Monday Medical: Survey seeks senior housing data

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Let’s talk about senior social security. Not the capital “S” government program, but safe and suitable living options for aging individuals here in Northwest Colorado.

Is our population of longtime residents being adequately served? What about the aging parents of local residents — are they able to move here and find an appropriate new home near family?

Yampa Valley Medical Center, which operates the Doak Walker Care Center, a skilled nursing facility, is seeking answers to these and other questions regarding senior living via a mail survey this month.

We all know that getting older provides some benefits and some challenges, especially in a locale where winter lasts six months or longer. Safety, mobility, nutrition, medical care, finances and proximity to family all can become serious issues for seniors.

Then there is the dilemma faced by adult children whose parents live somewhere else and now need an ever-increasing amount of assistance. Issues can range from keeping up with home maintenance to balancing a checkbook to coping with loneliness.

One of the most important decisions is where to live, when a current residence no longer is desired or safe.

Presently, three different organizations provide senior living options in Routt County, including independent apartments and a nursing home in Steamboat Springs, assisted living in Hayden and home health care throughout the county.

“We think people should have the option of staying within their community as they age and begin to require a stronger support system,” YVMC Chief Executive Officer Karl Gills said.

“We also know that many seniors move to Routt County at an advanced age so that they can be closer to their adult children and grandchildren who live here. That is why we are sponsoring a mail survey this month.”

Gills said the survey is an attempt to get more information from the local senior population, as well as those in the baby boomer age range who have senior parents.

YVMC is working closely with Pearl Senior Living, a Boulder-based company that has offices in Colorado and Nevada. Phil Shapiro, a principal with Pearl, sees the November survey as a community outreach effort.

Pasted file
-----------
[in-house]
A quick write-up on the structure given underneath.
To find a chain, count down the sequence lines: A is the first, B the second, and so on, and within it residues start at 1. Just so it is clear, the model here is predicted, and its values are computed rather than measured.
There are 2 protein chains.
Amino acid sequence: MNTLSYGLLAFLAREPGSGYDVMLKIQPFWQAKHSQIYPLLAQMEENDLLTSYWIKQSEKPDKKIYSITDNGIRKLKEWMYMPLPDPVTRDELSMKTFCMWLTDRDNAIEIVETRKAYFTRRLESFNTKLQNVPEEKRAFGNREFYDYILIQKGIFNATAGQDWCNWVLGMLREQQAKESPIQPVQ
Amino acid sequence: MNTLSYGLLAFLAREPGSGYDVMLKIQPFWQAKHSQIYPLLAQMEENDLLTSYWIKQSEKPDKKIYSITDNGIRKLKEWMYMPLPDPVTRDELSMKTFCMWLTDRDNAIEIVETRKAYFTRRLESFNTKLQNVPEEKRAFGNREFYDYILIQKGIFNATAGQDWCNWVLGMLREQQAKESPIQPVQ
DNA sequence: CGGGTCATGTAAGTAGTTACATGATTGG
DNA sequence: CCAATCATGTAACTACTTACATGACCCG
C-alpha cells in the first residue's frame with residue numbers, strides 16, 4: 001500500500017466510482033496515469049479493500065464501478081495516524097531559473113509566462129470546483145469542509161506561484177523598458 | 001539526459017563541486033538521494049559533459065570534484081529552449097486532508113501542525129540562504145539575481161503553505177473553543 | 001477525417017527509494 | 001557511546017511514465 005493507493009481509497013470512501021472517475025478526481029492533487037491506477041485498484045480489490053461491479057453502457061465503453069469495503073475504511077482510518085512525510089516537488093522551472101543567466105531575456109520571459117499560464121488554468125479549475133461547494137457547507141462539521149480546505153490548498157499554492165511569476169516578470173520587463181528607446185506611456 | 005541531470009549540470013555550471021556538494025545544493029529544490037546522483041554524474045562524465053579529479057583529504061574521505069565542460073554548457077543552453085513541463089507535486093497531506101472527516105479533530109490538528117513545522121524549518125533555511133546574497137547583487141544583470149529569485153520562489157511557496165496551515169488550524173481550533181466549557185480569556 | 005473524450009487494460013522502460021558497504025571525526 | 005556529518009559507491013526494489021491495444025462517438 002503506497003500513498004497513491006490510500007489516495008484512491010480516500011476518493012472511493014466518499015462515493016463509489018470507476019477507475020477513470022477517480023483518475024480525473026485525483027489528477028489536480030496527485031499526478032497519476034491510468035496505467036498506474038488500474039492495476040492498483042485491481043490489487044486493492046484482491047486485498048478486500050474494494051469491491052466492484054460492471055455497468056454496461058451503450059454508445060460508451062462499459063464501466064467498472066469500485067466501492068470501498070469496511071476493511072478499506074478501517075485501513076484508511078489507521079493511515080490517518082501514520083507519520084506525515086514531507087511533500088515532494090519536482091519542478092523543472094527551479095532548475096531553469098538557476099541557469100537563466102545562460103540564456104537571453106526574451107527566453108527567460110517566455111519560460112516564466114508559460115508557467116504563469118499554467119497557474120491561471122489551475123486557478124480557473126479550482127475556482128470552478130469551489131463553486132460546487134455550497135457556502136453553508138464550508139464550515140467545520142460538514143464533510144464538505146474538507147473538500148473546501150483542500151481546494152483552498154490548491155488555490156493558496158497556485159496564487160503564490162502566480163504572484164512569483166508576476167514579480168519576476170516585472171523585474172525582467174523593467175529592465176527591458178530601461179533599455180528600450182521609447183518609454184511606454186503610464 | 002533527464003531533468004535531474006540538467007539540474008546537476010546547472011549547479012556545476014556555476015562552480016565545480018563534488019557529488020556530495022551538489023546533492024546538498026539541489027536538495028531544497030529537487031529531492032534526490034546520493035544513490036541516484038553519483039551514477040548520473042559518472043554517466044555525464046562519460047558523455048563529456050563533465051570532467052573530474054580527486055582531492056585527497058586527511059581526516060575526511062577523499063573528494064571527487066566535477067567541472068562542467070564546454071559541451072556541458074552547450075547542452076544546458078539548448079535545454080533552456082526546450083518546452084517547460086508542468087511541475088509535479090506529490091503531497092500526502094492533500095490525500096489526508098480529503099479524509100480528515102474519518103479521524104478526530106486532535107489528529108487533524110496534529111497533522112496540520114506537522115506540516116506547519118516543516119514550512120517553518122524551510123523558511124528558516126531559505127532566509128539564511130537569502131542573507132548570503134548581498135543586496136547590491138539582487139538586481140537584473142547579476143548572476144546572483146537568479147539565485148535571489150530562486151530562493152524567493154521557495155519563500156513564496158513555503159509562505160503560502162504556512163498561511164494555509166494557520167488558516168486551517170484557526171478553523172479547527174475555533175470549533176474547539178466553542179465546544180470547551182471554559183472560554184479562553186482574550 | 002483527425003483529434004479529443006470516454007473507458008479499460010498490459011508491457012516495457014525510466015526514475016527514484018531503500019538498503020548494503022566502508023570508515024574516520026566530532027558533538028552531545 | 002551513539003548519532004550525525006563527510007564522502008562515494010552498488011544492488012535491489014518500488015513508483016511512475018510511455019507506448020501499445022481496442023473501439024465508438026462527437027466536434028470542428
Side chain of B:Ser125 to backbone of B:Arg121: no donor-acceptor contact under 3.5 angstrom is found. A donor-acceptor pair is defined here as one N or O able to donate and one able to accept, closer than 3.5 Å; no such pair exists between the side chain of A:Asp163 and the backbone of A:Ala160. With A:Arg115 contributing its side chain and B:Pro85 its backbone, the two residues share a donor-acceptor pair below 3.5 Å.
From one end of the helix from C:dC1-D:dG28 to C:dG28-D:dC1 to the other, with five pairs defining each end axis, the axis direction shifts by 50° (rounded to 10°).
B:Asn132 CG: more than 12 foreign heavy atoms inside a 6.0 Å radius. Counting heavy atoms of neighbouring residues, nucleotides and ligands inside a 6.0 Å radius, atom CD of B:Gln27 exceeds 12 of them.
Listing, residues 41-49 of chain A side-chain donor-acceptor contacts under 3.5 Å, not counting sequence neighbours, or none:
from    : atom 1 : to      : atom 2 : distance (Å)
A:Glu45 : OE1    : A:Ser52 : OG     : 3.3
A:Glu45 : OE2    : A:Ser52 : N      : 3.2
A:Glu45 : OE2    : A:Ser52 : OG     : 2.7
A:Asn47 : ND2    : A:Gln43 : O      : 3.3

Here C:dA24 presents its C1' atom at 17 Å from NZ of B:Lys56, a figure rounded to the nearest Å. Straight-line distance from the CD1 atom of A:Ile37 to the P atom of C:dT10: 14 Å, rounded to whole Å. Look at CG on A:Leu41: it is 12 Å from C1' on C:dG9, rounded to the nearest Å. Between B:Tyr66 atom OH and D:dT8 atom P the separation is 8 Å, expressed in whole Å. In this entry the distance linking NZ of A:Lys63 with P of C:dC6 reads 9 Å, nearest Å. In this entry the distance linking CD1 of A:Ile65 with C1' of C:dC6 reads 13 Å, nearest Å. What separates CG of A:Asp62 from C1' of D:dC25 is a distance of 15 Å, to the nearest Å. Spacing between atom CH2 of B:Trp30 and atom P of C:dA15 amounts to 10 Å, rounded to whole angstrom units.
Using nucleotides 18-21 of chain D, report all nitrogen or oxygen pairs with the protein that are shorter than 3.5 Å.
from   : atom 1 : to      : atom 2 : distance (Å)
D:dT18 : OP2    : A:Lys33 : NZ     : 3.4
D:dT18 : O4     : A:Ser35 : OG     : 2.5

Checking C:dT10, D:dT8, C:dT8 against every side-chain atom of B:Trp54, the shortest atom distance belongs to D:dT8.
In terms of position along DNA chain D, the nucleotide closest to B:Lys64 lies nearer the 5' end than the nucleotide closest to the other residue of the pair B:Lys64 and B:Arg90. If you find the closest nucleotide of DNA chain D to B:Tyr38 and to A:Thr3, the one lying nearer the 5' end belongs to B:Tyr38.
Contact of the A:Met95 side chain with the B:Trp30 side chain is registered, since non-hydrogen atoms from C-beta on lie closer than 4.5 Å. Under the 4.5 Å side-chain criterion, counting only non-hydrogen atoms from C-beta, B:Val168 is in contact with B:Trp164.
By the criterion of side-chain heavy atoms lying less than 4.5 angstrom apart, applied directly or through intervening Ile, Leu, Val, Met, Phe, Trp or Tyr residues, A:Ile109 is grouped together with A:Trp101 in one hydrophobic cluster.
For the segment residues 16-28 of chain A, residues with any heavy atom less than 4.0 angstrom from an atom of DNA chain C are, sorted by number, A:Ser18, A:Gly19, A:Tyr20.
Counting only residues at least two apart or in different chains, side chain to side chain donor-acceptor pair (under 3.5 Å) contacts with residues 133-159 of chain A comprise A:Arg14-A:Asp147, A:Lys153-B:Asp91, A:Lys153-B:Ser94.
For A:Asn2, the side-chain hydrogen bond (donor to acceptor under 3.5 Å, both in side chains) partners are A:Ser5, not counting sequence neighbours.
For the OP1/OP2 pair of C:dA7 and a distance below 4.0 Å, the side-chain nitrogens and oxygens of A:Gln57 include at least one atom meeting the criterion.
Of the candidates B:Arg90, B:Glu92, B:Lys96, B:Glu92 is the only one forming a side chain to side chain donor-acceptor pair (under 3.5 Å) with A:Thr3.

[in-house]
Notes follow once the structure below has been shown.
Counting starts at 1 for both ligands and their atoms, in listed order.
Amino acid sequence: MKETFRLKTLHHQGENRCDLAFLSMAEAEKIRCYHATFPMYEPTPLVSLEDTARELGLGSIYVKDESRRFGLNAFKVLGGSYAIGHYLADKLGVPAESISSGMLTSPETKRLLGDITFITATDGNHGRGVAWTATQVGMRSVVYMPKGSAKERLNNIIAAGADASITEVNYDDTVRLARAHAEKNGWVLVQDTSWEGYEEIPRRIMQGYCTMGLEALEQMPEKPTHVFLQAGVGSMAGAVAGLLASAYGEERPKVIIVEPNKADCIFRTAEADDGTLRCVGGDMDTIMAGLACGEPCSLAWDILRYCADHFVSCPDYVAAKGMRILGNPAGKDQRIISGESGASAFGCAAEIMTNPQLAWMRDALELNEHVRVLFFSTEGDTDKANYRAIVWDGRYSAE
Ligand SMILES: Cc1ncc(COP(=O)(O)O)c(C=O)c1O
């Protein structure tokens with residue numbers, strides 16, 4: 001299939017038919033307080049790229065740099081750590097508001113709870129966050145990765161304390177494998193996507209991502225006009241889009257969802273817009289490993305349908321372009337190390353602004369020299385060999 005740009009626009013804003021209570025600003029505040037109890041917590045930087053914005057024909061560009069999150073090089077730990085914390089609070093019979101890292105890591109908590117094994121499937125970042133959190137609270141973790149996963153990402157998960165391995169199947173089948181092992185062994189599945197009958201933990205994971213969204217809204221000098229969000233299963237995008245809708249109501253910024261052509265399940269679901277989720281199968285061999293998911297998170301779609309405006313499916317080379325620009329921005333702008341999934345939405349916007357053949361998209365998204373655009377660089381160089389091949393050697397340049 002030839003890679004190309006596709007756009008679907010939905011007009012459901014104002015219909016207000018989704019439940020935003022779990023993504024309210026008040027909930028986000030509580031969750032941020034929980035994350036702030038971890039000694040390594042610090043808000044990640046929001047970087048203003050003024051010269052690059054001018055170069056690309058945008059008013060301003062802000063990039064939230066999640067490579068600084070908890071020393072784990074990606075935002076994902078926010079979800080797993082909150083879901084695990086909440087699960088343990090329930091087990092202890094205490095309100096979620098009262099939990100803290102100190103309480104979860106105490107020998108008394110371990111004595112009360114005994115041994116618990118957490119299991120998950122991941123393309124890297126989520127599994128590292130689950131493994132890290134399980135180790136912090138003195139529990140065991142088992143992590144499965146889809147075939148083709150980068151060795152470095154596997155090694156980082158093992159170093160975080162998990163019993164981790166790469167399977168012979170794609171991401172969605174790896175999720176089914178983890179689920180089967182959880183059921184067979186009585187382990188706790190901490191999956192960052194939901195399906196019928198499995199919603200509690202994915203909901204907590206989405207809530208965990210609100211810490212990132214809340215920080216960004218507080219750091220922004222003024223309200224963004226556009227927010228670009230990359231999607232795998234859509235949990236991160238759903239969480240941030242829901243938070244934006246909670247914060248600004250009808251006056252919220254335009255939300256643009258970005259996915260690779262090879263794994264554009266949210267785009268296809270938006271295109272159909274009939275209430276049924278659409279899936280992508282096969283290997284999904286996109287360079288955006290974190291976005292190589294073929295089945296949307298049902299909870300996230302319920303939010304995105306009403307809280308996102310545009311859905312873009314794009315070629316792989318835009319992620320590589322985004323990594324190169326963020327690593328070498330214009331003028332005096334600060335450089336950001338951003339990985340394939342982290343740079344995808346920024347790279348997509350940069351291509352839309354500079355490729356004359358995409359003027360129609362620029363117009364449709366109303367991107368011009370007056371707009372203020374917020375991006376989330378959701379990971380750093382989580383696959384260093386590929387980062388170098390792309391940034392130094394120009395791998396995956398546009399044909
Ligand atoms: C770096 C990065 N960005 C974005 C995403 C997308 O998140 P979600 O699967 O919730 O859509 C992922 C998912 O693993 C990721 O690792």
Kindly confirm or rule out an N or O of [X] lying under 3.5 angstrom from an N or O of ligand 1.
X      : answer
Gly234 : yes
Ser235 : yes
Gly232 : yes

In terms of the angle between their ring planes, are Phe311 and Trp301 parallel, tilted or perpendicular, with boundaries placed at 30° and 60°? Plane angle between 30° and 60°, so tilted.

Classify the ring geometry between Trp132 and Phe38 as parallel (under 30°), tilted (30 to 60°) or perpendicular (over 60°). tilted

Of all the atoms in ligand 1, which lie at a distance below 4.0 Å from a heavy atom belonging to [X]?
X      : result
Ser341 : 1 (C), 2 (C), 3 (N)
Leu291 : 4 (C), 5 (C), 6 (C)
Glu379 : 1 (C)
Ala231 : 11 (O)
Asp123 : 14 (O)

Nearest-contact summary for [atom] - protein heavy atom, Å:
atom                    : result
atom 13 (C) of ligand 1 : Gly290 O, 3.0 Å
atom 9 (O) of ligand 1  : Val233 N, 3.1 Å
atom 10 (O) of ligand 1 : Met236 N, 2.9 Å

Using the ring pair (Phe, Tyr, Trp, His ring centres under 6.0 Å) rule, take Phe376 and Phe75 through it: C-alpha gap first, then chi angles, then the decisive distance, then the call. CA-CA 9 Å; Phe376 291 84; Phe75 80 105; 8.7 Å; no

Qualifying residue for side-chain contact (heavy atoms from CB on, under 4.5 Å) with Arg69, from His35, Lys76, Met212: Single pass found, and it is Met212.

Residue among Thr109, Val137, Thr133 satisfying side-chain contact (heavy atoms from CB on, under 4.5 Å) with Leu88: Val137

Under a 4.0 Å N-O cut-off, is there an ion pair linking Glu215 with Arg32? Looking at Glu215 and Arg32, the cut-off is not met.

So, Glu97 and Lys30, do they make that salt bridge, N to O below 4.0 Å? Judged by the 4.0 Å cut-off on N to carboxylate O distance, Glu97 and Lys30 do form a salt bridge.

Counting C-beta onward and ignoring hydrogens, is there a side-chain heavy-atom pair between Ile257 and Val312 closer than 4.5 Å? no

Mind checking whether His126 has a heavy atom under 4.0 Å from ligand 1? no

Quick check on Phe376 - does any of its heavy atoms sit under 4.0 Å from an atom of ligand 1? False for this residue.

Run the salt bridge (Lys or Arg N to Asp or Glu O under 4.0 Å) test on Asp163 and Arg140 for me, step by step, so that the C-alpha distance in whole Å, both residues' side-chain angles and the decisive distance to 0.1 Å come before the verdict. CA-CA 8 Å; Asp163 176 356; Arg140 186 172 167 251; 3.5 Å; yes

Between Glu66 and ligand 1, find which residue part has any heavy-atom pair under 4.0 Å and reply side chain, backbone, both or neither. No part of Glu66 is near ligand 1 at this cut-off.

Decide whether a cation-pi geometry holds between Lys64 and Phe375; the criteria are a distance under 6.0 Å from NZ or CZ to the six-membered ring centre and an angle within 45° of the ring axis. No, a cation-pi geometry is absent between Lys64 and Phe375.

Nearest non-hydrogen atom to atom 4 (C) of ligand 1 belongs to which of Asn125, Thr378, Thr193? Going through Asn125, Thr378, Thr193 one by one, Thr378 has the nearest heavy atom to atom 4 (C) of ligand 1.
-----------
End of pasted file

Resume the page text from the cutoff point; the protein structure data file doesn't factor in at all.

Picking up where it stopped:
Shapiro points to several factors that accompany aging and affect many families. These include physical and cognitive limitations such as decreased mobility; an increased likelihood of falling and becoming injured; loss of spouse; memory loss; depression; and decreased sense of purpose.

To counter some of the inevitable effects of aging, he thinks it is important for seniors to maintain a consistent focus on body, mind and spirit.

“Many seniors are continuing to exercise, participate socially with peers and seek out new hobbies,” Shapiro said. “This has led to a significant evolution and growth of active senior living communities around the country.”

Although there are various models for senior campuses, one common element is congregate services. These include meals, housekeeping, transportation and social activities.

Generally, living options can include independent living villas, assisted living environments that support physical challenges, skilled nursing with medical services and “memory care” for those with dementia or serious cognitive issues.

Shapiro said seniors and adult children who are helping their senior parents can gauge independence by looking at instrumental activities of daily living and activities of daily living.

Examples of IADL include the ability to shop for groceries, prepare nutritious meals, manage money and travel to places beyond walking distance. Examples of ADL are eating, bathing, dressing and toileting.

A senior living campus would provide help as needed. An independent resident would require little or no assistance, while a nursing home resident would receive all services including medical care.

YVMC is sponsoring the survey to determine more detail about what our community is looking for. The survey will be conducted by ProMatura, a leading senior living research company on behalf of YVMC.

“We want to get firsthand information from our residents about this important topic,” Gills said.

In order to get surveys to those who are most likely to complete them, a pre-survey post card mailing has been sent to many households. If you receive a post card and want to participate in this survey, please respond.

Your feedback is appreciated and may play an important role in the future project development.

Christine McKelvie is public relations director of Yampa Valley Medical Center. She can be reached at christine.mckelvie@yvmc.org.

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